THE EFFECT OF OFFSHORE DREDGING ON COASTLINES

W.A. Price, J.M. Motyka, L.J. Jaffrey

Abstract


The South of England is well endowed with land deposits of river gravel and sand. Nevertheless, the demand for aggregate and the need to conserve agricultural land have increased to the point where in 1976 sea dredged aggregate was accounting for 11% of the total sand and gravel production. In addition to this annual home consumption of about 12 million tonnes of dredged aggregate a further 3.5 million tonnes was exported to Europe in 1976. Understandably, authorities responsible for coast protection and sea defence view the increase in the removal of marine deposits with concern and a system of licensing by the Crown Estate Commissioners who are responsible for the sea bed from high water to the UK Continental shelf limit has been developed over the years. Dredging by port authorities within their area ofjurisdiction, for navigational purposes, is outside this licensing system. Within the three mile limit local authorities have powers under the Coast Protection Act to regulate dredging. In 1976 a report by an advisory committee to the Department of the Environment1-1^ recommended, among other things, that further studies should be carried out by HRS aimed at reviewing the existing constraints on marine dredging for gravel. In general, the material which is sought for construction purposes is a 60% shingle, 40% sand mixture, but sand is also needed for reclamation fill and for industrial purposes. The areas dredged at present are shown in Figure 1. This paper deals briefly with the licensing procedure and at some length with the involvement of the Hydraulics Research Station in assessing how dredging might affect the coastline. The effect on fisheries, navigation, coastal ecology, and other interests is considered by other organisations. Very little is known of the criteria applied to offshore dredging by other countries, apart from Germany, but with the increased exploitation of the sea bed it is important that information gained by other countries should be used to improve our existing criteria. .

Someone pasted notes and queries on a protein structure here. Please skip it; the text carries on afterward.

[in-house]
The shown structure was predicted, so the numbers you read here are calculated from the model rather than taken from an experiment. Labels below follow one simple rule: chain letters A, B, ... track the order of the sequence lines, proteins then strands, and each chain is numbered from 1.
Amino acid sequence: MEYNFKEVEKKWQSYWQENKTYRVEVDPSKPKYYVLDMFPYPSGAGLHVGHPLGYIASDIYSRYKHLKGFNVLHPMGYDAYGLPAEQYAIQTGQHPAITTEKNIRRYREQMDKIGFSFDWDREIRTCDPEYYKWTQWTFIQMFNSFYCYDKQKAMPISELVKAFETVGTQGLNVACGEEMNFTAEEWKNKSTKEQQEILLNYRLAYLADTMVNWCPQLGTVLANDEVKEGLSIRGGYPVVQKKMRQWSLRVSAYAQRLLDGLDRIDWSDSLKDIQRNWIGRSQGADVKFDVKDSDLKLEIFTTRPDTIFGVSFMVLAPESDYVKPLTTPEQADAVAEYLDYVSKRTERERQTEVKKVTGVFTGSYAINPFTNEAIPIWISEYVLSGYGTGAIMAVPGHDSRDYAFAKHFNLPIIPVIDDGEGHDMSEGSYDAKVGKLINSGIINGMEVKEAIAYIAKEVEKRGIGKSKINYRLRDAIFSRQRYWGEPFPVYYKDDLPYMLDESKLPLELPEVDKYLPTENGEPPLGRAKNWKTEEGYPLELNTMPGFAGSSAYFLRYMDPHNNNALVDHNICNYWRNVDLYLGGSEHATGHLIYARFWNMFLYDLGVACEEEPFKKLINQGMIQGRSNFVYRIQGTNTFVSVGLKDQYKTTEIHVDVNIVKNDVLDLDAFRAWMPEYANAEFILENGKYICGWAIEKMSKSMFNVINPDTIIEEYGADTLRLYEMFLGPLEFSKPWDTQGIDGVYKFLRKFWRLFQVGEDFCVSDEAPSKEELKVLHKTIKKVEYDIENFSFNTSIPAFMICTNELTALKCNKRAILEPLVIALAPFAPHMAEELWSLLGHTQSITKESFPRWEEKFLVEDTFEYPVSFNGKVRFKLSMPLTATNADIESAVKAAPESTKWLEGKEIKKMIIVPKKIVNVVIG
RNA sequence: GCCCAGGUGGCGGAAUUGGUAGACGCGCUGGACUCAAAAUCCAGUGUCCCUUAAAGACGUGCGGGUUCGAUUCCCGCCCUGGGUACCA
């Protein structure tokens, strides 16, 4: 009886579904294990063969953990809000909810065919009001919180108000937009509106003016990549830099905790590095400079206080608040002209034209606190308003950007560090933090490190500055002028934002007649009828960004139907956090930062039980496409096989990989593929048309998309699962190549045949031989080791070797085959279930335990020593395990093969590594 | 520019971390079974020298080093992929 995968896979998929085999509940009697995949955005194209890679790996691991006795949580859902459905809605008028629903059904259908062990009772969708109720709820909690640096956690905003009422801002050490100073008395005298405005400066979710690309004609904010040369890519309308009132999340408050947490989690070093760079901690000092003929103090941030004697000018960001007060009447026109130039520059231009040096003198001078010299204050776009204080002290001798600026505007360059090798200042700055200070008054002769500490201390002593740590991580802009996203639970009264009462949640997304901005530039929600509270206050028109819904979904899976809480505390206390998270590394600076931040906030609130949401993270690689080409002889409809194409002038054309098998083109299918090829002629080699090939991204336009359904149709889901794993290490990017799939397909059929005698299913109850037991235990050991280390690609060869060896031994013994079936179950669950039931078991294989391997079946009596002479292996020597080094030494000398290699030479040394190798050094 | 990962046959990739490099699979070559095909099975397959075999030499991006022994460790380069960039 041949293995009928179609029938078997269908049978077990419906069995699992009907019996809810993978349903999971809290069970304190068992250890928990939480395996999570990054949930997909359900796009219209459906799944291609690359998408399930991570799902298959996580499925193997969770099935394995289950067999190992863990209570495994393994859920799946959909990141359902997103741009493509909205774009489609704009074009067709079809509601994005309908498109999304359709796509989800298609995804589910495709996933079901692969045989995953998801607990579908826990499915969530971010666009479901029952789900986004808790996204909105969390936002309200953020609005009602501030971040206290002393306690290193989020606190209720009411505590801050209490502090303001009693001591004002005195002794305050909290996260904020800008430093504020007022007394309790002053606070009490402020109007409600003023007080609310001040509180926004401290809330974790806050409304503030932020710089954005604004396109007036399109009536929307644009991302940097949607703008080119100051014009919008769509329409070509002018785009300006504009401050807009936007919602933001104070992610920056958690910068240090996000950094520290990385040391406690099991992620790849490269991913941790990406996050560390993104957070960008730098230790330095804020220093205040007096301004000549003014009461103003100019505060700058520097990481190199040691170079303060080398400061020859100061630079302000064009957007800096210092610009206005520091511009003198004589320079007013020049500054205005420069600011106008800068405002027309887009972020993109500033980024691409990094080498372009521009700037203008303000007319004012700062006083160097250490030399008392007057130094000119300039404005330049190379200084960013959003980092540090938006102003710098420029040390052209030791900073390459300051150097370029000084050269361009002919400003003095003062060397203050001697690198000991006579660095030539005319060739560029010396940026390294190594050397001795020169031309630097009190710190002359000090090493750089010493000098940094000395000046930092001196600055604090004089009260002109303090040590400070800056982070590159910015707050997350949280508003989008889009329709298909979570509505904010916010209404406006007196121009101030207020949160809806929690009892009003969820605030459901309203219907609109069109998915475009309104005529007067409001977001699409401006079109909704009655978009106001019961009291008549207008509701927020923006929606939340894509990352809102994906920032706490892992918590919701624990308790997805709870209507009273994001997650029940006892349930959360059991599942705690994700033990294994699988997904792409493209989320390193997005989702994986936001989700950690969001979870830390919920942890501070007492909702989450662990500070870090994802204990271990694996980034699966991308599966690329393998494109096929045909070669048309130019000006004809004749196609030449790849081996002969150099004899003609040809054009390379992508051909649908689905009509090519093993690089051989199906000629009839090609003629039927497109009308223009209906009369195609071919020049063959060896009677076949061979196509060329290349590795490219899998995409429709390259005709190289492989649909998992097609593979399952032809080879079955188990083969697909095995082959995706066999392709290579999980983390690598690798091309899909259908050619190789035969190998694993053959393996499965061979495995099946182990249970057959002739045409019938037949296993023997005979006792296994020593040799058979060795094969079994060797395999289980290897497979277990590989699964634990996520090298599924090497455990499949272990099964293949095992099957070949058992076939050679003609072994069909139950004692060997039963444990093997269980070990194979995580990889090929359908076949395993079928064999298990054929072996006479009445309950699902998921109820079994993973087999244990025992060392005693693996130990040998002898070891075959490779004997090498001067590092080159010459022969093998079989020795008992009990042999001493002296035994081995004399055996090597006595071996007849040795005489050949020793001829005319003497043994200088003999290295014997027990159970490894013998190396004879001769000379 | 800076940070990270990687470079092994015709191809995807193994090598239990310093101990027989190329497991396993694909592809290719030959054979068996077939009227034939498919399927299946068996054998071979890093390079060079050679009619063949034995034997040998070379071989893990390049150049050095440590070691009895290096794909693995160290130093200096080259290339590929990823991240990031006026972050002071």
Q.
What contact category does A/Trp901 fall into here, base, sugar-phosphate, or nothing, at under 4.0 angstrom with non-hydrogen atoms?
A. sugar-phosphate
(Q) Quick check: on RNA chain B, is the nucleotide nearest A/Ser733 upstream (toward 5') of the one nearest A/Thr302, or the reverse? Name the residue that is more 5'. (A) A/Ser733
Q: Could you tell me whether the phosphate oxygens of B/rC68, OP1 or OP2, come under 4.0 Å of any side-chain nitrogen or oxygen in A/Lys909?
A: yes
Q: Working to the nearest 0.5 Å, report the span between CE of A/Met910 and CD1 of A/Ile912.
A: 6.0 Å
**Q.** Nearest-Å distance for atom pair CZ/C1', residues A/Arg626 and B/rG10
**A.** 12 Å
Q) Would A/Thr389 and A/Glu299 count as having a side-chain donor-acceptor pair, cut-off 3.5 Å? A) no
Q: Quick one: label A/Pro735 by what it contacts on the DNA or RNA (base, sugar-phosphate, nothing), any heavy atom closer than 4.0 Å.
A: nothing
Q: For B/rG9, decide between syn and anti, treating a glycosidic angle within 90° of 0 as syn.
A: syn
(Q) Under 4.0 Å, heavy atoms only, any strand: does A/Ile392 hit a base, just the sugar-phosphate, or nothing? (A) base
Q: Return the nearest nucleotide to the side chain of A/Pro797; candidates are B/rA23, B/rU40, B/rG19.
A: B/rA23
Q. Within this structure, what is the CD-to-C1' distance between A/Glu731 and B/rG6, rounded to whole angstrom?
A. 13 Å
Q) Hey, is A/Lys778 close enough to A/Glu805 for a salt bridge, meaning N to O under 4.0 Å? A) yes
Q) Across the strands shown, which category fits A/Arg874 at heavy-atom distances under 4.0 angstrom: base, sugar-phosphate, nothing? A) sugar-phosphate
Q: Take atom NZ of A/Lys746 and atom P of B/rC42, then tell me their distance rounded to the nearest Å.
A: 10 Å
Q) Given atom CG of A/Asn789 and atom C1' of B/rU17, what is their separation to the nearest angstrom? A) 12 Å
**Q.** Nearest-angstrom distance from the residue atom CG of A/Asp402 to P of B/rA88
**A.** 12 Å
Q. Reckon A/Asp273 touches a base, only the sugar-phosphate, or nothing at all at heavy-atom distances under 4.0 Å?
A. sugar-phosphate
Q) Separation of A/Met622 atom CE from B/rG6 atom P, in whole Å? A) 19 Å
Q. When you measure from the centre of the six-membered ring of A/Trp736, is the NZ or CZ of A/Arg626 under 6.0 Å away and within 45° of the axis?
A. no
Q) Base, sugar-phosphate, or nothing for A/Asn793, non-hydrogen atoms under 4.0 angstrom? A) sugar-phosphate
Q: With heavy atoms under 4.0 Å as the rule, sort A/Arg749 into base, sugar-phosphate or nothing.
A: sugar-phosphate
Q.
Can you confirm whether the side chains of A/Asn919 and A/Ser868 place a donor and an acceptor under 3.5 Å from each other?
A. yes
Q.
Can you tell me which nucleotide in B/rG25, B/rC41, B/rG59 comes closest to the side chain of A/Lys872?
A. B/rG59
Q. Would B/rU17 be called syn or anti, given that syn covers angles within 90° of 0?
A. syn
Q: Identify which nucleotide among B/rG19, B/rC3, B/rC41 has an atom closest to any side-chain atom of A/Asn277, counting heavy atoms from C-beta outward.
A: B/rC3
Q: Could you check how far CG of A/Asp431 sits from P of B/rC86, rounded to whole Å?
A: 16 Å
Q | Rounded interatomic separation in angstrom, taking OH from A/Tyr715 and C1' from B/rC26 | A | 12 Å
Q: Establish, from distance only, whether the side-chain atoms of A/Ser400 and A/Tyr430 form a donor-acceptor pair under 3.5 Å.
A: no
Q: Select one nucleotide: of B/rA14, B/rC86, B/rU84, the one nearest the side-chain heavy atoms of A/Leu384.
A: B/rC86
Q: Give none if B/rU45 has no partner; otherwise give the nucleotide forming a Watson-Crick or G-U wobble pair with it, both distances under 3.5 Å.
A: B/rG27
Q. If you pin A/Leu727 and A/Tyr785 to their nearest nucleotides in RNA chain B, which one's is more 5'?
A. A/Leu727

Keywords


dredging; offshore dredging; effects of dredging

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